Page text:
It is evident from FIG. 2 that the tensile stresses on the wafer keep increasing in the wafer as more and more metallization steps are added to the film and the wafer experiences maximum tensile stress during deposition of the Aluminum pad. Aluminum and copper are known to contribute to tensile stresses, while the dielectric films can contribute to tensile or compressive stresses based on deposition conditions like temperature, time, etc. As the tensile stresses in the wafer build-up, the wafer can bow due to the warpage or macro stress distributions from the center to the edge of the wafer. However, the local stress distribution in the Aluminum pads is harder to characterize.
OBJECTS AND SUMMARY
An object of an embodiment of the present invention is to reduce or eliminate IMC cracking in post wire bonded dies.
Another object of an embodiment of the present invention is to provide a bond pad structure which reduces or eliminates IMC cracking in post wire bonded dies.
Briefly, and in accordance with at least one of the foregoing objects, an embodiment of the present invention provides a bond pad structure which includes an aluminum bond pad which include one or more dopants that effectively control the growth of IMC to a nominal level in spite of high tensile stresses in the wafer. For example, aluminum can be doped with 1–2 atomic % of Mg. Alternatively, Pd or Si can be used, or elements like Cu or Si can be used as the dopant in order to reduce the overall tensile stresses in the wafer. This can control the abnormal growth of IMC, thus arresting the IMC crack formation.
A combination of dopants can be used to both control the tensile stresses and also slightly alter the gold-Aluminum interface thus enabling a uniform and thin IMC formation. This tends to reduce or eliminate any voiding or cracking which would otherwise occur at the wire bond transfer.
BRIEF DESCRIPTION OF THE DRAWINGS
The organization and manner of the structure and operation of the invention, together with further objects and advantages thereof, may best be understood by reference to the following description, taken in connection with the accompanying drawing, wherein:
FIG. 1 is an X-SEM of a bonded die, showing IMC cracking;
FIG. 2 is a graph which shows normalized stress on a wafer at various metallization steps in the BEOL Cu/Low-k steps, wherein a positive value for stress indicates tensile stress and a negative value for stress indicates compressive stress; and
FIG. 3 provides a cross-sectional view of a dual passivation layer scheme which is in accordance with the present invention.
While the invention may be susceptible to embodiment in different forms, there are shown in the drawings, and herein will be described in detail, specific embodiments of the invention. The present disclosure is to be considered an example of the principles of the invention, and is not intended to limit the invention to that which is illustrated and described herein.
FIG. 3 illustrates a dual passivation layer scheme which is in accordance with an embodiment of the present invention. The scheme includes oxide layers 100, barrier layers 102, a barrier layer 106, a layer of copper 108, another barrier layer 110, and a layer of aluminum 112 which is configured for bonding to a gold ball (see FIG. 1) and hence includes a pad interface 114. In accordance with the present invention, the aluminum layer includes a dopant so that the IMC formed is more uniform and the thickness is controlled in order to reduce or eliminate the IMC cracking issues in wire bonded parts during temperature cycling. Specifically, layer 112 is either:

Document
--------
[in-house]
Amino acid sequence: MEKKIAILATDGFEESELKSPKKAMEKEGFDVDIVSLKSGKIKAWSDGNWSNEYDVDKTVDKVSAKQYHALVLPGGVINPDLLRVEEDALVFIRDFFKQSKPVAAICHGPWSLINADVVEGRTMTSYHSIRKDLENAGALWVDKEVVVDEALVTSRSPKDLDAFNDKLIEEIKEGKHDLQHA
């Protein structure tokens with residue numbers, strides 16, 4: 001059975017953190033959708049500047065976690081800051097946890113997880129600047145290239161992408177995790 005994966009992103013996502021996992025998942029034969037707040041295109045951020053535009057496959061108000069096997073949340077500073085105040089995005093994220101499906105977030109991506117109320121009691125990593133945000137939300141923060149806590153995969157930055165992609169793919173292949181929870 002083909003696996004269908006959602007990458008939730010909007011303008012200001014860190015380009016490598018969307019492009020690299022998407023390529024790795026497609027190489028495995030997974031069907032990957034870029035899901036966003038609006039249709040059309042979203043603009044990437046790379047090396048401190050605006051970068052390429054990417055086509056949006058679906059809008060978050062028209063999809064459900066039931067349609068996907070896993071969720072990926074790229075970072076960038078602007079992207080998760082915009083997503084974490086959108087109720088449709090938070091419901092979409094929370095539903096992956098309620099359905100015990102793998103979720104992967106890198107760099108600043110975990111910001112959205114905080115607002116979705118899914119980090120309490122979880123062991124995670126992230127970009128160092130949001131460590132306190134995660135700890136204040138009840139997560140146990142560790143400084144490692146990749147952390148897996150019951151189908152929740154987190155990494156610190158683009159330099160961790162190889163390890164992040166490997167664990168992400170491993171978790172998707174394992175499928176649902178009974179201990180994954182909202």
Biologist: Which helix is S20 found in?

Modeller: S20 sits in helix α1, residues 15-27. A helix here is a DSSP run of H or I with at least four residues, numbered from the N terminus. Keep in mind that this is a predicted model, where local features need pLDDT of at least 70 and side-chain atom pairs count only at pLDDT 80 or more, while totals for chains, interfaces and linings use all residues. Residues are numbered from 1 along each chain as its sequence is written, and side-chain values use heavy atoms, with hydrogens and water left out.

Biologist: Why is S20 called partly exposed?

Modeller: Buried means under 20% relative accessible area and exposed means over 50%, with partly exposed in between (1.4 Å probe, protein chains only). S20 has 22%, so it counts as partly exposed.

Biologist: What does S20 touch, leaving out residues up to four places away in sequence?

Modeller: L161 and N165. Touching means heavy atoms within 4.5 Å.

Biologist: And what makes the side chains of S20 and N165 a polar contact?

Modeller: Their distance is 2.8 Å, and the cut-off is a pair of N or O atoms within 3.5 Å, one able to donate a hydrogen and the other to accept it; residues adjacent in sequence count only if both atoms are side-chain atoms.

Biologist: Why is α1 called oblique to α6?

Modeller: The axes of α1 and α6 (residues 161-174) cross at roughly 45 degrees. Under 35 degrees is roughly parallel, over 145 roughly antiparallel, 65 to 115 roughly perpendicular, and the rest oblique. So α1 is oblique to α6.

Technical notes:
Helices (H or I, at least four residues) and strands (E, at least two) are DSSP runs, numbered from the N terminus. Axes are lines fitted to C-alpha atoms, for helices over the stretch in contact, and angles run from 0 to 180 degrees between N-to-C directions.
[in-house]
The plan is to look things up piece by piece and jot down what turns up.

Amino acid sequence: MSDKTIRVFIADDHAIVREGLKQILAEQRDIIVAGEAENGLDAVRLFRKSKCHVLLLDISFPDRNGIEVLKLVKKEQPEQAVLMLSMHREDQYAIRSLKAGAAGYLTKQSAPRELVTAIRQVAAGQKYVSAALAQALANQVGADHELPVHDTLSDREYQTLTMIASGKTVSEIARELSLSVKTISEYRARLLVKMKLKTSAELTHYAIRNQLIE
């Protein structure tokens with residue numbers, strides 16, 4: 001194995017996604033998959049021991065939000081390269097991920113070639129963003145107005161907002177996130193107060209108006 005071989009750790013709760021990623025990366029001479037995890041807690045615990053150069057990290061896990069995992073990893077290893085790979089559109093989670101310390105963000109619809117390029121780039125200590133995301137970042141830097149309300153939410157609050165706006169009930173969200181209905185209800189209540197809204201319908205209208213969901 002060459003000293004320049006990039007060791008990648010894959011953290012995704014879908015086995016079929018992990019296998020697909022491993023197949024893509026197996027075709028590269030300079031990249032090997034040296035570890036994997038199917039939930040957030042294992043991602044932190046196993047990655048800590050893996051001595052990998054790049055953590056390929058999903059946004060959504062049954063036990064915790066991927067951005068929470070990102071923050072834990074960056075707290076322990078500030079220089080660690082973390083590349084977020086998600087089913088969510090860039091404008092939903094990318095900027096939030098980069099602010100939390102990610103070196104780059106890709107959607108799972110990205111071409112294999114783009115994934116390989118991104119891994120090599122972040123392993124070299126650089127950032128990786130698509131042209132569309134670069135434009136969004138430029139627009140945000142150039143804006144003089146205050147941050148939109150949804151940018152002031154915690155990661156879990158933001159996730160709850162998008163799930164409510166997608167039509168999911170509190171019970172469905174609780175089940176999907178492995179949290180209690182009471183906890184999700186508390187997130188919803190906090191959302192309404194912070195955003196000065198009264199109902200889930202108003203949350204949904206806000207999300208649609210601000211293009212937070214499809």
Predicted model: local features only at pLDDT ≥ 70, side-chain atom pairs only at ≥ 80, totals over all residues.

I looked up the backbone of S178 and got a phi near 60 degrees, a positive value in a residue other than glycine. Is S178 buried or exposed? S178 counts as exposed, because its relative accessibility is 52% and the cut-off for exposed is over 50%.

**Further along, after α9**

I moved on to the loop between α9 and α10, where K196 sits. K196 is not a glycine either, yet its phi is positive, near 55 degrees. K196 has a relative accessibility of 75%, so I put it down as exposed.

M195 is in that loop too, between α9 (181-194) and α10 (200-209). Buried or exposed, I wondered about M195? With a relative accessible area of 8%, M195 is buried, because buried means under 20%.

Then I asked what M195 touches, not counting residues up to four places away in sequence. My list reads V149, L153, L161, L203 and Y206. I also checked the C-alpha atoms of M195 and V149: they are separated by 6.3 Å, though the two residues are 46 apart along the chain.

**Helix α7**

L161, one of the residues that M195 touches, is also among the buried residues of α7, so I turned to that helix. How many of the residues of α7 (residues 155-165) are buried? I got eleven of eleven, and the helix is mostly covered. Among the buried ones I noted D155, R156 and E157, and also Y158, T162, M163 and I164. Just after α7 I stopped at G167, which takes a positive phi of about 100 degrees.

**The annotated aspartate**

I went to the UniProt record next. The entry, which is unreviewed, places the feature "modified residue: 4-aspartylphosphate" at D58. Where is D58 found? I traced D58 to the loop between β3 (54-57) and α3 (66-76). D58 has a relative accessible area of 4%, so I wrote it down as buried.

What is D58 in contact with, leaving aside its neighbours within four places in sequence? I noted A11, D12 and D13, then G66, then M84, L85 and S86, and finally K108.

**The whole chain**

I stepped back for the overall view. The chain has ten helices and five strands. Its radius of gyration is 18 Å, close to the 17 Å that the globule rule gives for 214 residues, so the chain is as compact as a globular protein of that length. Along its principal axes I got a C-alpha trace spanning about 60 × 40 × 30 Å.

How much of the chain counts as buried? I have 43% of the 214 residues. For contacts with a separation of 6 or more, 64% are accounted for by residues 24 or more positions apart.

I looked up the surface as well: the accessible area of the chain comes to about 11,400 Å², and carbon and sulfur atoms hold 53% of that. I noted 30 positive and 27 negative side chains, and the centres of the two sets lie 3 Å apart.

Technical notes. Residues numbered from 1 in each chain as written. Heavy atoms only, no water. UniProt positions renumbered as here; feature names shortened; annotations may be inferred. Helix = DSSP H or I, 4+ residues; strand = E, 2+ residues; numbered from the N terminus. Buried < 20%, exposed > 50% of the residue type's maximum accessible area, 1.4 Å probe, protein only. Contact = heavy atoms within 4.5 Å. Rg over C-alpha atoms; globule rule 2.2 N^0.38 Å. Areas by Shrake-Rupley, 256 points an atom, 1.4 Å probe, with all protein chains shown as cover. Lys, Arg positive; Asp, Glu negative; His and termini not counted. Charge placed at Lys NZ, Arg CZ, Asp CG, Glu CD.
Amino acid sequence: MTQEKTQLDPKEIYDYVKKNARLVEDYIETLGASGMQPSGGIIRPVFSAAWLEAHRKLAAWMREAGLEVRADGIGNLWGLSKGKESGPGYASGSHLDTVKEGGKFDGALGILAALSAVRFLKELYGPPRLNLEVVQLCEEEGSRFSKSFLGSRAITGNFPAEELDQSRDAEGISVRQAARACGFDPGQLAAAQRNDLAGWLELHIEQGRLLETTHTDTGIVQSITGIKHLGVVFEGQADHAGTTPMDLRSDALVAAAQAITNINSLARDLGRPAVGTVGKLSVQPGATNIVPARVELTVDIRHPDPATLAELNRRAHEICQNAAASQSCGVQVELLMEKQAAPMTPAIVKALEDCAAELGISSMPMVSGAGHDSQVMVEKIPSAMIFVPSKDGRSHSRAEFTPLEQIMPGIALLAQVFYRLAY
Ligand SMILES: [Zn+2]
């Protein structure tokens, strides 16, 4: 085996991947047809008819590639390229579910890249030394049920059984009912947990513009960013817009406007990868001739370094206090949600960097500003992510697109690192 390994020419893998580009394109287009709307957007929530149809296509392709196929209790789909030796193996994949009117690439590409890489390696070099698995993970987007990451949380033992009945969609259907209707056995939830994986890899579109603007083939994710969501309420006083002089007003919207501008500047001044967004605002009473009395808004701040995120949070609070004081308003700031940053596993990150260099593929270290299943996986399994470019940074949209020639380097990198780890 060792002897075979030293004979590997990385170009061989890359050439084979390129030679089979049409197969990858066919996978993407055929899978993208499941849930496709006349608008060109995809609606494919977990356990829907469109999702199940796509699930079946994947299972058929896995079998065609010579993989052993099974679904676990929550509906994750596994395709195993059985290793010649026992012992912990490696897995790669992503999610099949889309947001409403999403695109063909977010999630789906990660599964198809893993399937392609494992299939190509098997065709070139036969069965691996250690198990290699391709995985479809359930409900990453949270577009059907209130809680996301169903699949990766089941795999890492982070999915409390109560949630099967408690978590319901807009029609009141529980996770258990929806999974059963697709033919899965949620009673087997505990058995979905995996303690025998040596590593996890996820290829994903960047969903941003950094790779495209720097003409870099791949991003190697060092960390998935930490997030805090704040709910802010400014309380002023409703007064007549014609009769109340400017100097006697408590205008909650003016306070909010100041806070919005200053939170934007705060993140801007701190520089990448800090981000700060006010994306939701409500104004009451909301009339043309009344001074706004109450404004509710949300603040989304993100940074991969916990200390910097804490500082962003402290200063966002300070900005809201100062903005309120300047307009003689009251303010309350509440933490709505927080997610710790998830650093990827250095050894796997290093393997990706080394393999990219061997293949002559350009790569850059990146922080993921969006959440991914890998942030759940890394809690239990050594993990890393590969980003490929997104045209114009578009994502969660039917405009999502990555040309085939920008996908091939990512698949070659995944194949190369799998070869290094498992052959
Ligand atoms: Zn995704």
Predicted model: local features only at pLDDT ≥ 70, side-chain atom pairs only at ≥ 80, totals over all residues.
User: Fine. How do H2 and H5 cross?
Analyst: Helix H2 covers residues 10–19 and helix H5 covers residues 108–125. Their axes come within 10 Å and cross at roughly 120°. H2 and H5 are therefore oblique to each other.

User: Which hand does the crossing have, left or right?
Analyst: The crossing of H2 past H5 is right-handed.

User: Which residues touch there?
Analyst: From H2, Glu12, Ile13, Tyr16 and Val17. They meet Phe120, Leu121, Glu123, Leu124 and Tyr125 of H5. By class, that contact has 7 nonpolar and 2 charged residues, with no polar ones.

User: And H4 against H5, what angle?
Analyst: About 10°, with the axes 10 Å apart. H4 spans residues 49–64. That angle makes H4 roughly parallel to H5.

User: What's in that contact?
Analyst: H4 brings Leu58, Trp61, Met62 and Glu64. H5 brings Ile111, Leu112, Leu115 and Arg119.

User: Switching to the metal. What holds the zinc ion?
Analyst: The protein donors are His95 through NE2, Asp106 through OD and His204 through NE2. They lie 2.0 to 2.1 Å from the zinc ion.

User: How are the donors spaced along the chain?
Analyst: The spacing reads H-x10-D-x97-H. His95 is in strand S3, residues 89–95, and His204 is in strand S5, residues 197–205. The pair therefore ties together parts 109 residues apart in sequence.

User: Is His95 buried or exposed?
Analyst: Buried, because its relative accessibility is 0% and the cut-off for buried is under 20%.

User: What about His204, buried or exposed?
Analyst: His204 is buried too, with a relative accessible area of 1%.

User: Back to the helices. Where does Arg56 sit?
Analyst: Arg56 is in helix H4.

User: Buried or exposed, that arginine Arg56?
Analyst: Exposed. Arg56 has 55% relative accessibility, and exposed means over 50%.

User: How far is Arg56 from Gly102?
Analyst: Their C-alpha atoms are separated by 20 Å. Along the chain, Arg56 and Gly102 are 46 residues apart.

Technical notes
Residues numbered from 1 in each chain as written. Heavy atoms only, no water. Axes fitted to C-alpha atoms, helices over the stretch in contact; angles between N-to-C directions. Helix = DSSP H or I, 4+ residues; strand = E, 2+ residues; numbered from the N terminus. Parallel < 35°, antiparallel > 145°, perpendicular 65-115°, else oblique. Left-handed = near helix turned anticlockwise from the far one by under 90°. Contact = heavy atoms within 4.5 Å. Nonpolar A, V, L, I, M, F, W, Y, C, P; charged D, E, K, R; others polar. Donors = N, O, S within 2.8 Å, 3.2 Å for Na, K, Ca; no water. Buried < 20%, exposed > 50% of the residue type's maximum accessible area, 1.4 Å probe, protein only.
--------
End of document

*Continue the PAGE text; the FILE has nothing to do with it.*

- 1. Doped with, for example, 1–2 atomic % of Mg. The Mg along with the aluminum causes a thin Al—Mg layer to be provided at the pad interface 114. This thin film controls the growth of IMC to a more nominal level in spite of high tensile stresses on the wafer. Instead of Mg, Pd or Si can be used as a dopant with the Aluminum.
- 2. Doped with elements like Cu or Si, which reduces the overall tensile stresses and also slightly alters the gold-aluminum interface (pad interface 114), thus enabling a uniform and thin IMC formation. This reduces or eliminates any voiding or cracking which would otherwise form at the wire bond interface (see FIG. 1).
The present invention provides that a dopant or a combination of dopants is used, with the aluminum, to both control the tensile stresses and also slightly alter the gold-aluminum interface, thus enabling a uniform and thin IMC formation, thereby reducing or eliminating any voiding or cracking which would otherwise occur at the wire bond interface.
While embodiments of the present invention are shown and described, it is envisioned that those skilled in the art may devise various modifications of the present invention without departing from the spirit and scope of the appended claims.
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| || |
|U.S. Classification||257/786, 257/E25.029, 257/738, 257/762, 257/690, 257/784, 257/E23.078, 257/E23.021, 257/E23.159, 257/E23.024, 257/E25.011, 257/737, 257/E23.025, 257/735|
|International Classification||H01L23/48, H01L23/52, H01L29/40|
|Cooperative Classification||H01L2224/48507, H01L2224/48453, H01L23/53219, H01L2924/01327, H01L2224/05147, H01L2924/01012, H01L2924/01046, H01L2924/04953, H01L2924/01073, H01L2924/0105, H01L2924/01029, H01L2924/01022, H01L2924/01019, H01L24/05, H01L2924/01082, H01L2924/01079, H01L2924/01075, H01L2924/01074, H01L2924/01033, H01L2924/01014, H01L2924/01013, H01L2224/48624, H01L2224/48463, H01L2224/45144, H01L2224/05624, H01L2224/04042, H01L24/48, H01L24/45, H01L2224/02166|
|European Classification||H01L24/48, H01L24/05, H01L23/532M1A2|
|Nov 18, 2005||AS||Assignment|
Owner name: LSI LOGIC CORPORATION, CALIFORNIA
Free format text: ASSIGNMENT OF ASSIGNORS INTEREST;ASSIGNORS:PALLINTI, JAYANTHI;VIJAY, DILIP;BHATT, HEMANSHU;AND OTHERS;REEL/FRAME:017266/0501
Effective date: 20051114
|Dec 27, 2005||AS||Assignment|